Two critically injured East Timorese police officers have been transported and another eight injured patients are expected to be in Darwin tonight under the Australian Government National Response Plan for Mass Casualty Incident Involving Australian Overseas (OSMASSCASPLAN), managed by Emergency Management Australia within the Attorney-General's Department.
The plan facilitates either Defence aircraft or commercial flights to be used to evacuate injured people requiring urgent medical treatment, and coordinates resources and personnel across all government agencies.
Meanwhile, evacuees from East Timor continue to take advantage of the Australian Government's offer of transport to Darwin. To date, nine ADF and other commercial flights have carried 318 people out of Dili - of which 170 have been Australian as well as other approved third country nationals from the UK, the United States, South America, New Zealand, Germany, the Netherlands, France, Italy and the Philippines.
"Emergency Management Australia has deployed three experienced emergency management liaison officers to Darwin to coordinate the ongoing evacuation," Mr Ruddock said.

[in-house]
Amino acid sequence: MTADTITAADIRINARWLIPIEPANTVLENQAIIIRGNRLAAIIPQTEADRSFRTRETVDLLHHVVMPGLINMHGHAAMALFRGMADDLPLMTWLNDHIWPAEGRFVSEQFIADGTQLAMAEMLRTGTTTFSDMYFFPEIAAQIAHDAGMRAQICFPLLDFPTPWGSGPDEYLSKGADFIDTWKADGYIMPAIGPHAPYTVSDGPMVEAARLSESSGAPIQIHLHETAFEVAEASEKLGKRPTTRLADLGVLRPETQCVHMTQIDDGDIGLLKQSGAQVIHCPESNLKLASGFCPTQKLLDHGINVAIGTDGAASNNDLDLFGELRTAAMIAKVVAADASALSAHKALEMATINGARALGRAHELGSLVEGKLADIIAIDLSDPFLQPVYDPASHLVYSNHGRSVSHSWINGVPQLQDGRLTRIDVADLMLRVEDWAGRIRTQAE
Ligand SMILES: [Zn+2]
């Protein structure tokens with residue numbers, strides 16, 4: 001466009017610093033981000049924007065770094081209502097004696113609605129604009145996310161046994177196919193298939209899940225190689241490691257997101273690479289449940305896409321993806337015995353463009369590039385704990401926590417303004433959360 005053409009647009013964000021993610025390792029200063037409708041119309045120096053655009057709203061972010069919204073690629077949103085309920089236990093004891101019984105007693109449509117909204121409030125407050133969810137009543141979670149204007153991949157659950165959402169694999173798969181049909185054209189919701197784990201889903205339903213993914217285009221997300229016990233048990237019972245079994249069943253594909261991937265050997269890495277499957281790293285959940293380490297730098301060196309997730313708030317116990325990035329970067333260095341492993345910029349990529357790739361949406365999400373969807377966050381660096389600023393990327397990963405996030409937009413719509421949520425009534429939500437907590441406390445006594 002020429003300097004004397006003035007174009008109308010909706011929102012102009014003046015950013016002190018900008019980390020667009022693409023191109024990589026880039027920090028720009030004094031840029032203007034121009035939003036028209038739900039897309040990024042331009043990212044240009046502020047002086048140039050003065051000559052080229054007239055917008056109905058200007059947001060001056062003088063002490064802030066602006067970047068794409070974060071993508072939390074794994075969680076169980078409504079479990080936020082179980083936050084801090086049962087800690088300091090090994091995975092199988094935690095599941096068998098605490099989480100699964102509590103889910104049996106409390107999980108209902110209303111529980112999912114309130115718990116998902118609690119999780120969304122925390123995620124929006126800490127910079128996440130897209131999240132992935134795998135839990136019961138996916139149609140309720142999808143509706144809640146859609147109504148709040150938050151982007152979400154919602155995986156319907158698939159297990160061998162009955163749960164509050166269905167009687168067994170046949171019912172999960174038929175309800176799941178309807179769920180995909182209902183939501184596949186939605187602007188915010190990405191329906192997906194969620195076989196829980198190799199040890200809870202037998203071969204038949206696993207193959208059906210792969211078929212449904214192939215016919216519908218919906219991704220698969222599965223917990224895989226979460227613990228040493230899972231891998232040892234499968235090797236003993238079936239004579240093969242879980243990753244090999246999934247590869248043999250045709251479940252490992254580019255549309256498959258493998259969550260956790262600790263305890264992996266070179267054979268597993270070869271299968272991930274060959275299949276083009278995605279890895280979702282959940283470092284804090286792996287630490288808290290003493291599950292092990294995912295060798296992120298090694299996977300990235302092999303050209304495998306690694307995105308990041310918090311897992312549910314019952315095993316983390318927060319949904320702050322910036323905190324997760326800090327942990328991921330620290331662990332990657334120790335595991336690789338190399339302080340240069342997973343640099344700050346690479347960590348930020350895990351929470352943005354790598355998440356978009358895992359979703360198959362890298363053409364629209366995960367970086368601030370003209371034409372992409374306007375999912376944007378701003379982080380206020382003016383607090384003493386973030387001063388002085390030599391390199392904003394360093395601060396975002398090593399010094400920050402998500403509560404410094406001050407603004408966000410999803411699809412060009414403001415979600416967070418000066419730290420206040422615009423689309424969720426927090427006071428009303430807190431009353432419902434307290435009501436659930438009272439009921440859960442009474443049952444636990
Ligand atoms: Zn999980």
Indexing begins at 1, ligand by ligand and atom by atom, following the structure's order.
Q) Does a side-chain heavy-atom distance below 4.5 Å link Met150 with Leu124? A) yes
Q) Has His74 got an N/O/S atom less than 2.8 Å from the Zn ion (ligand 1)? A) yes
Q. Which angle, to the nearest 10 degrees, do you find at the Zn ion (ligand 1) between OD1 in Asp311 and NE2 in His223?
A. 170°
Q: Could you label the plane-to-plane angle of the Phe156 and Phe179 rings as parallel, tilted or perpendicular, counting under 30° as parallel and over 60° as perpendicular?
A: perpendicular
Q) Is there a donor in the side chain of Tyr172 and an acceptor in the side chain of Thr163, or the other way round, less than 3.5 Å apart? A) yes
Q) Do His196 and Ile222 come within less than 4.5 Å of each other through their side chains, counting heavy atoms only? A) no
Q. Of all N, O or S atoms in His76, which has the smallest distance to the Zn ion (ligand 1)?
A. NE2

"Of yesterday's flights only 13 evacuees required overnight accommodation at a temporary facility at Berrimah in Darwin, but capacity is available should more require a place to stay when they arrive."
EMA has now activated four of its national emergency plans - the latest is the Australian Government Overseas Disaster Assistance Plan (AUSASSISTPLAN) which has been activated in anticipation of a formal request for assistance by Indonesia following the 6.3 strength earthquake in Java yesterday. More than 3000 people were killed and many injured in the earthquake near Yogyakarta.
Potential damage from two other earthquakes - a 6.2 strength earthquake in the New Britain region of Papua New Guinea and a 6.7 magnitude earthquake in the region of Tonga - will also continue to be monitored by EMA.